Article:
Nevertheless, he was confident that the country could achieve its target of 1.5 million EVs by 2040 as many Malaysians are more knowledgeable about the EV system and infrastructure.
Fledgling EV Infrastructures
Sunway University Business School professor and economist Dr Yeah Kim Leng said Malaysia’s EV infrastructure is still in an immature stage.
Despite the government’s efforts to push EV adoption in Malaysia, EVs is still a niche market instead of for the masses.
“Charging facilities are currently limited to only a few locations such as big malls,” he said. He added that the EV market in Malaysia has great potential but it needs to be competitive with internal combustion engine (ICE) cars that have been catered to the mass market.
Based on his observation in the European and Chinese markets which are transitioning at a faster pace to EVs, there is a strong market for car dealers and car manufacturers to cater to the mass market segment.
Joint ventures should also be made with car makers to produce affordable EVs.
“Both Perusahaan Otomobil Kedua Sdn Bhd (Perodua) and Proton Holdings Bhd are already planning to release affordable EV models for the mass market.
“With the anticipated increase in EV usage, these makers must ensure that they can complement the specifications of the charging facilities available,” Yeah explained.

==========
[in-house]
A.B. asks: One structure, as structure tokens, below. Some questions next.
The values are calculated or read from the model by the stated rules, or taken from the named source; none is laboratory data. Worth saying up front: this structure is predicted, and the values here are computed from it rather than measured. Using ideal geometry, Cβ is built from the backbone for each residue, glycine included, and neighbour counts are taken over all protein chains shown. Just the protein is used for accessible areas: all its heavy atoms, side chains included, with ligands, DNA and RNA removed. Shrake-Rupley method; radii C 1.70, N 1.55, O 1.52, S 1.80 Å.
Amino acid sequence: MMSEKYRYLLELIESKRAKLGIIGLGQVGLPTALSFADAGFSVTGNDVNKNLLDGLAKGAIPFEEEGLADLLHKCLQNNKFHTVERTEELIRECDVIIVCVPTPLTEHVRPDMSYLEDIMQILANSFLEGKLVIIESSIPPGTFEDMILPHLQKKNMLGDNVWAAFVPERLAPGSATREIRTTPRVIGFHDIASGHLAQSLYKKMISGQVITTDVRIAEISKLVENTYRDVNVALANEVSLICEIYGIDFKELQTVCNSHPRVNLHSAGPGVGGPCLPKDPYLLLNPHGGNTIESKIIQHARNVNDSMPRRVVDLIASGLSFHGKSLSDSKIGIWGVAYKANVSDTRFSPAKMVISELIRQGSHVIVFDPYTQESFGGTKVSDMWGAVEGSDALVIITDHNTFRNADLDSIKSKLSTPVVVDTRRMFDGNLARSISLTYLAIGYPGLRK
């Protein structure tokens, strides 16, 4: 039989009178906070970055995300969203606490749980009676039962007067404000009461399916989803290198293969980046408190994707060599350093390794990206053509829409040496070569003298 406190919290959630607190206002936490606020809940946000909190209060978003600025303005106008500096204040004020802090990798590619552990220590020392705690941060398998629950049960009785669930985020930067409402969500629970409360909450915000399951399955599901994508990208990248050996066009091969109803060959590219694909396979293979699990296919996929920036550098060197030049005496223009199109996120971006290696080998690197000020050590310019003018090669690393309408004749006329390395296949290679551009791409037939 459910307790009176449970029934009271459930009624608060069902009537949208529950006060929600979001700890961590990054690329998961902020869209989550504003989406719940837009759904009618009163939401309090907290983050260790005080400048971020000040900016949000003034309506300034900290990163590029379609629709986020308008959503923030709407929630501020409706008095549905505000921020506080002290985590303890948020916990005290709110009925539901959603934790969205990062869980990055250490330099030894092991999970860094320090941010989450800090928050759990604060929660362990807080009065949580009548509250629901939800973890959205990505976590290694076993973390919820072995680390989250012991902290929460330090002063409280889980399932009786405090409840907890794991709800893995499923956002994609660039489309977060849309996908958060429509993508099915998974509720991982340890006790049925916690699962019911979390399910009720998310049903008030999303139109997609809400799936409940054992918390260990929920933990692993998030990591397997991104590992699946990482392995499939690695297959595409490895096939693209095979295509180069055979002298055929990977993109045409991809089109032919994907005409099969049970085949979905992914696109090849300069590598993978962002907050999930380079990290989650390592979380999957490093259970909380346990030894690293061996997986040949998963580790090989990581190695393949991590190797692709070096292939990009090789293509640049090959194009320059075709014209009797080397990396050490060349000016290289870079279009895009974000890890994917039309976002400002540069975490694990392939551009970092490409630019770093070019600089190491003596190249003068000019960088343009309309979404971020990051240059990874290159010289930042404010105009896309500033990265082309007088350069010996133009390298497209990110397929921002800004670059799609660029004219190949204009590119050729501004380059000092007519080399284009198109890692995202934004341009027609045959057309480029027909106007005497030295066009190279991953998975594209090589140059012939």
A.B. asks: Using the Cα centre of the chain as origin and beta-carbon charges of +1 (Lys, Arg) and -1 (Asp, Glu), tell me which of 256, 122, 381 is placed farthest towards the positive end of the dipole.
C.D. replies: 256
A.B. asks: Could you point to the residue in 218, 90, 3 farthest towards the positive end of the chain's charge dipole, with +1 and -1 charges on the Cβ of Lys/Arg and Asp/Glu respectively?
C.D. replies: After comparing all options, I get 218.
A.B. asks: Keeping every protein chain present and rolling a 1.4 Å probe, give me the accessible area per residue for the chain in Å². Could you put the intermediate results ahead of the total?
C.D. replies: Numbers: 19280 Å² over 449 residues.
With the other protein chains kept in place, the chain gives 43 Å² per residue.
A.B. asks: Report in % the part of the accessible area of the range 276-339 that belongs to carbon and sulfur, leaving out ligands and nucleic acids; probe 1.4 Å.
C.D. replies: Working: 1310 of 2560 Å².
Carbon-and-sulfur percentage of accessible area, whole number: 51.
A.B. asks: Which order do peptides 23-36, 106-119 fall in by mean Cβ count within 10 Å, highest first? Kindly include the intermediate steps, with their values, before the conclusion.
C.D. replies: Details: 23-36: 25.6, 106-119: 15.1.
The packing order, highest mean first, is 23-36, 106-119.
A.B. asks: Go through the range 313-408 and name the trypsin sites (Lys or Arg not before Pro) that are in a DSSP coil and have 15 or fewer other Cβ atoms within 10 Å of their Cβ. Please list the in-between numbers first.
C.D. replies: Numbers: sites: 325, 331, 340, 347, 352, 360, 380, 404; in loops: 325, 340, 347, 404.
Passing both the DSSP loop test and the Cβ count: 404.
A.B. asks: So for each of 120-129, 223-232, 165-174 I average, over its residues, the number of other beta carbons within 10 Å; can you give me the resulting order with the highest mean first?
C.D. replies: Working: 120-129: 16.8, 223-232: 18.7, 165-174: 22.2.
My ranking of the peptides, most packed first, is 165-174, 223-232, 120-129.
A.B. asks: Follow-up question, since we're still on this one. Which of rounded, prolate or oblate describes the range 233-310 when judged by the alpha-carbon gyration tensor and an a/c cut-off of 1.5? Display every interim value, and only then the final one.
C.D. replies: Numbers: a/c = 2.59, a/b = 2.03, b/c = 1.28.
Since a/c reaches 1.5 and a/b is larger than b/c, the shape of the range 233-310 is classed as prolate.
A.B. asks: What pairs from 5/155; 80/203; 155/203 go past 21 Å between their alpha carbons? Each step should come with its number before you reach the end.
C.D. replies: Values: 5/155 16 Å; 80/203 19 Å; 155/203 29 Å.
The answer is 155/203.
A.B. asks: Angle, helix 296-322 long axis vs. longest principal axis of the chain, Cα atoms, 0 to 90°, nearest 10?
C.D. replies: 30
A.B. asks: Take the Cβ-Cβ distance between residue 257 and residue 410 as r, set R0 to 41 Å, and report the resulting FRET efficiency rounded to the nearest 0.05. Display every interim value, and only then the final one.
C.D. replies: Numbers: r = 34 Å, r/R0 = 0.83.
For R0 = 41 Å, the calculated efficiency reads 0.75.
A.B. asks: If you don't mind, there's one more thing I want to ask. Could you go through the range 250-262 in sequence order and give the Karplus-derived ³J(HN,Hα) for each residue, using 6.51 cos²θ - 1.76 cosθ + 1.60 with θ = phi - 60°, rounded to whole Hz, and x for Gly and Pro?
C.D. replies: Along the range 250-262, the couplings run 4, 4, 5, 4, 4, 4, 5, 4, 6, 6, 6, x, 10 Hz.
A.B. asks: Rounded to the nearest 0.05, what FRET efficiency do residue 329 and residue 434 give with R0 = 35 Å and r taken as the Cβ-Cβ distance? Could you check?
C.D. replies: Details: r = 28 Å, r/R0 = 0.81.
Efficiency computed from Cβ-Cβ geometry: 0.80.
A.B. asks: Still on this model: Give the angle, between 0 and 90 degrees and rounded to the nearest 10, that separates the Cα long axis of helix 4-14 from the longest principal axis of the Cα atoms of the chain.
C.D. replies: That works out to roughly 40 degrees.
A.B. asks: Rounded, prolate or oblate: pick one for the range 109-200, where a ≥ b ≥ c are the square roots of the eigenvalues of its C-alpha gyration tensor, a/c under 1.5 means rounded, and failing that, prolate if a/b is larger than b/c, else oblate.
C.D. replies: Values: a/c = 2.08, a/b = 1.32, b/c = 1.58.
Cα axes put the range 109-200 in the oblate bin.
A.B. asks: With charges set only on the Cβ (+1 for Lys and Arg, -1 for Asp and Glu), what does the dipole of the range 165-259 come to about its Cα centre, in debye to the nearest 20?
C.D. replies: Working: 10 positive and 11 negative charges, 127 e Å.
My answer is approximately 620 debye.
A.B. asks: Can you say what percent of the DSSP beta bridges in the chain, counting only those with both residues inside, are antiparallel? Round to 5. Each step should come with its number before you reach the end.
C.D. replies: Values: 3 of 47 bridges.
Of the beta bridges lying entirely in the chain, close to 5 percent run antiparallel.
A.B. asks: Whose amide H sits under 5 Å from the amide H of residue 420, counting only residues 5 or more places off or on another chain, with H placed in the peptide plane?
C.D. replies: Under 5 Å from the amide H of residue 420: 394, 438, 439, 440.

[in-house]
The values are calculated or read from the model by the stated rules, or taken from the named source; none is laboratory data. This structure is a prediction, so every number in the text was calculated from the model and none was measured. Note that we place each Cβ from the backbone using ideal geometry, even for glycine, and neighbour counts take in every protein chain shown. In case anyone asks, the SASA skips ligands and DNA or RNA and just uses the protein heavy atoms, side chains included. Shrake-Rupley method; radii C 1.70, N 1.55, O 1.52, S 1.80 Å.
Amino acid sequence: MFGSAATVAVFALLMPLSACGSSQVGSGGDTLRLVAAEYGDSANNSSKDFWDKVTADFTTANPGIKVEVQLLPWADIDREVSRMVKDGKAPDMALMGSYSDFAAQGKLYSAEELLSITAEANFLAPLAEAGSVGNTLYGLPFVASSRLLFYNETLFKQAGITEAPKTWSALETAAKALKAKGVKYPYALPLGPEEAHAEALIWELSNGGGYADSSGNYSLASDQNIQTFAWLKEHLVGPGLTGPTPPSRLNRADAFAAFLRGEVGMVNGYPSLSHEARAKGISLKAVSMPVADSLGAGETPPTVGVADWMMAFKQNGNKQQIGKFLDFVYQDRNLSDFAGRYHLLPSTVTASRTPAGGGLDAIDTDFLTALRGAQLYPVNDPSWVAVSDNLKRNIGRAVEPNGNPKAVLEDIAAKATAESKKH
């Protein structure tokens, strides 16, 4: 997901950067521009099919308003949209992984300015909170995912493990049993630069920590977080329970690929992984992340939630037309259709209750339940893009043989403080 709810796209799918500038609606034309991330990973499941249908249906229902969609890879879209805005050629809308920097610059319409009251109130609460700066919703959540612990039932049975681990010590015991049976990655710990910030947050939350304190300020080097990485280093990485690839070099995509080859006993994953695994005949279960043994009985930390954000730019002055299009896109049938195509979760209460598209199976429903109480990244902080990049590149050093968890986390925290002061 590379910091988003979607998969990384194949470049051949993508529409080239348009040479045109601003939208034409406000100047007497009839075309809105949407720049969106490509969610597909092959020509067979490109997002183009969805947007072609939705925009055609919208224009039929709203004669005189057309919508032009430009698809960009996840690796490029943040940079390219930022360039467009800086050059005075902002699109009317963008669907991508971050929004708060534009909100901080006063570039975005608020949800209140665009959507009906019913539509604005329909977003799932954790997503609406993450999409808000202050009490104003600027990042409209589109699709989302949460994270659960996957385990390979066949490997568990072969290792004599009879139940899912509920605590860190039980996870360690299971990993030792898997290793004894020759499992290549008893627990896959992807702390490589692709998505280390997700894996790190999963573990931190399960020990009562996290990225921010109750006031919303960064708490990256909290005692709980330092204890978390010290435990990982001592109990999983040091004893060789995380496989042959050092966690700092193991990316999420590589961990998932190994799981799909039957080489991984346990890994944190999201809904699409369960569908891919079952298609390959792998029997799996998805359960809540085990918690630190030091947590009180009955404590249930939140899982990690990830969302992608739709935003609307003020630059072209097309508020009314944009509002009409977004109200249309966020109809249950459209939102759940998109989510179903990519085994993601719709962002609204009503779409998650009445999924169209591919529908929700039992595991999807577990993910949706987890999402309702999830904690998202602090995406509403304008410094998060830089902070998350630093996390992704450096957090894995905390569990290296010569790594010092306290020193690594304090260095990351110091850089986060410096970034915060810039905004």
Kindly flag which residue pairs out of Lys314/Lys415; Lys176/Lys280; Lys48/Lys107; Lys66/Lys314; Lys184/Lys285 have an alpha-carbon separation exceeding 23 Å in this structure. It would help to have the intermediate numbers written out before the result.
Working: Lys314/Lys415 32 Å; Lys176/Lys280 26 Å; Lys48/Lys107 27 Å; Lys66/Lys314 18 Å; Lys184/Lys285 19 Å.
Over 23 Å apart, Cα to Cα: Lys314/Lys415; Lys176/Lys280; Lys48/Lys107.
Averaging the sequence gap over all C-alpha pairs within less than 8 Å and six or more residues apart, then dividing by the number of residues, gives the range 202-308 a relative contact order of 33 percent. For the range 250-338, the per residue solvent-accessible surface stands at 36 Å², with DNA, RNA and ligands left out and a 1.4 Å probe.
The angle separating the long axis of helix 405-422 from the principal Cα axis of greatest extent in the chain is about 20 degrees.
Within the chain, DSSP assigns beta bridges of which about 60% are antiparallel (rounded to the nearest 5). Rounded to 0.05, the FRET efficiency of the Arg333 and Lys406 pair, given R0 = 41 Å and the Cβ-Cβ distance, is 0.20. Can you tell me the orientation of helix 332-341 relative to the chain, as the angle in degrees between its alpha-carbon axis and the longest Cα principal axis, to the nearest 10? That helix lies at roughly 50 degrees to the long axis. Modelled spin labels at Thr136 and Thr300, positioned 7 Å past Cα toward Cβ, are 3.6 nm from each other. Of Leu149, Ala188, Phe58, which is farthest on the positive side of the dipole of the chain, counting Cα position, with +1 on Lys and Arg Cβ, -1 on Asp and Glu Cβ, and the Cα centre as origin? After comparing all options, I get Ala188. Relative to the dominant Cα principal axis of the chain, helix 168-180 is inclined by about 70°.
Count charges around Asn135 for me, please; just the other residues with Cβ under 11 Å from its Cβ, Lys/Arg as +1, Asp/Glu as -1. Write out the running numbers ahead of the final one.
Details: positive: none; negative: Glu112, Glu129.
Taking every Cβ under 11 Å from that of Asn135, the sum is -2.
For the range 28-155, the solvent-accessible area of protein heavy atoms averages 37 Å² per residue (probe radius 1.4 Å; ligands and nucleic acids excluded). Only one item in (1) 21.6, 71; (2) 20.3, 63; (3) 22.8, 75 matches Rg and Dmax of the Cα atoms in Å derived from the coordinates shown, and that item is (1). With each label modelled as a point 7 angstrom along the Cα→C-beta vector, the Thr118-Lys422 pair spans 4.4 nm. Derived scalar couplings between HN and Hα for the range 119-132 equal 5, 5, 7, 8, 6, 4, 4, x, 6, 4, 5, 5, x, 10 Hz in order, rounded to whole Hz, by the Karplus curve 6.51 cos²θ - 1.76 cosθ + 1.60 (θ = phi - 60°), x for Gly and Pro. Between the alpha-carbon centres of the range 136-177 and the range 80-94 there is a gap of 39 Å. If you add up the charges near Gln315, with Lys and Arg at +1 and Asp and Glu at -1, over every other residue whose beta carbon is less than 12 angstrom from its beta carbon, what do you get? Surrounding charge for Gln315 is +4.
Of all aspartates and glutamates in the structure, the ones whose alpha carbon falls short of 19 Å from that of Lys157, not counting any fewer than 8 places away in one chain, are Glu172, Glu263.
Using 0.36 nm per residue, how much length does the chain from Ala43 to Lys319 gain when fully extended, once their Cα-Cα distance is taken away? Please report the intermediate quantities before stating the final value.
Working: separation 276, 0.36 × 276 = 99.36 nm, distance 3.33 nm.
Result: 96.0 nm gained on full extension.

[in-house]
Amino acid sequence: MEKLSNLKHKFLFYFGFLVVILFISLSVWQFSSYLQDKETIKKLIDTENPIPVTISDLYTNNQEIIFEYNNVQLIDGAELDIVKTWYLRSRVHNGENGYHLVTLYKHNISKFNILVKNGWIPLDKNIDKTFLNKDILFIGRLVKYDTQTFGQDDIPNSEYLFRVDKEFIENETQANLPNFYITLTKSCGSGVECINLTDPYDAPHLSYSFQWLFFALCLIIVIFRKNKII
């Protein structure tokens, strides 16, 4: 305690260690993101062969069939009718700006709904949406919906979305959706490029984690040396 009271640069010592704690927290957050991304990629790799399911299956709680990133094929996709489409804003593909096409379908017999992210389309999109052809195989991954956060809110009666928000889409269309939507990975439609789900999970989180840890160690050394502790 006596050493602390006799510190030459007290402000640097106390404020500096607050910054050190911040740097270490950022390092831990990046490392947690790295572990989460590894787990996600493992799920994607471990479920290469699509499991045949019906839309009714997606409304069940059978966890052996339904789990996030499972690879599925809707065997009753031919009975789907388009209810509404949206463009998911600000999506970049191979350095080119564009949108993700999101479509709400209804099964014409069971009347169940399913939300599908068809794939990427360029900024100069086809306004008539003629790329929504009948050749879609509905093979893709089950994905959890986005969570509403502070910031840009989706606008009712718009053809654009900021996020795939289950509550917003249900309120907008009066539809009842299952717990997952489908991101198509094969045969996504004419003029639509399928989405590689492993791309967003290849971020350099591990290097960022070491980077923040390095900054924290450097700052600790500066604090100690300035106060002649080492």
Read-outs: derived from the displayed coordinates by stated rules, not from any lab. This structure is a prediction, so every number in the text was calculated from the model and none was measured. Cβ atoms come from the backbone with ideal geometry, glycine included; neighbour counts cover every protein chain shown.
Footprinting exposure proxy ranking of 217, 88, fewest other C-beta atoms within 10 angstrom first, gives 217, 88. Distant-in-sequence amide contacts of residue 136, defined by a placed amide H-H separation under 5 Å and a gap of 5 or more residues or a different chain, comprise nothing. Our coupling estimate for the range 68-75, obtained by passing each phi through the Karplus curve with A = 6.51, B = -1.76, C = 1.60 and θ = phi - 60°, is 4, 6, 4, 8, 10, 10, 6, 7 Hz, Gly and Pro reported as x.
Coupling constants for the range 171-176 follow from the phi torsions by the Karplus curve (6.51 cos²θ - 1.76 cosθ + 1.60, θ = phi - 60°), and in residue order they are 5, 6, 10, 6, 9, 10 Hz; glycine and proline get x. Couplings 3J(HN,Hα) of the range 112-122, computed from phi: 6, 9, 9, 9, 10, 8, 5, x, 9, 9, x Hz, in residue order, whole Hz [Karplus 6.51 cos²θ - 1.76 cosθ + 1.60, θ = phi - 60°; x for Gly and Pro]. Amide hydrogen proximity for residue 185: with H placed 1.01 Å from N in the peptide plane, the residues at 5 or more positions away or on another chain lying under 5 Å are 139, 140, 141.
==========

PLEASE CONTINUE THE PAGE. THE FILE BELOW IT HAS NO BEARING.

He also expected the complete transition from ICE to EV would take roughly two decades.
However, rapid advancements would occur if there is a higher demand for EVs.
Yeah also suggested petrol stations convert some of their pumps into charging ports for EVs during this period of transition.
One of the main issues with using EVs is the long recharge time, range anxiety and battery lifecycle management.
Therefore, companies such as Blueshark Ecosystem Sdn Bhd have developed battery-swapping technologies to address these concerns.
Battery swapping swiftly replaces depleted EV batteries with fully charged ones.
This innovation could transform the EV industry, making long-distance travel simpler and more convenient for drivers.
All they need to do is to drive to a swapping station and park in the bay to recharge.
A robotic arm swaps out the battery and the whole process only takes three minutes.
Blueshark group COO (Asean) Jin Chan believed that battery-swapping technology is crucial for electric motorcycle adoption in Malaysia as it boosts speed and convenience while busting common EV myths.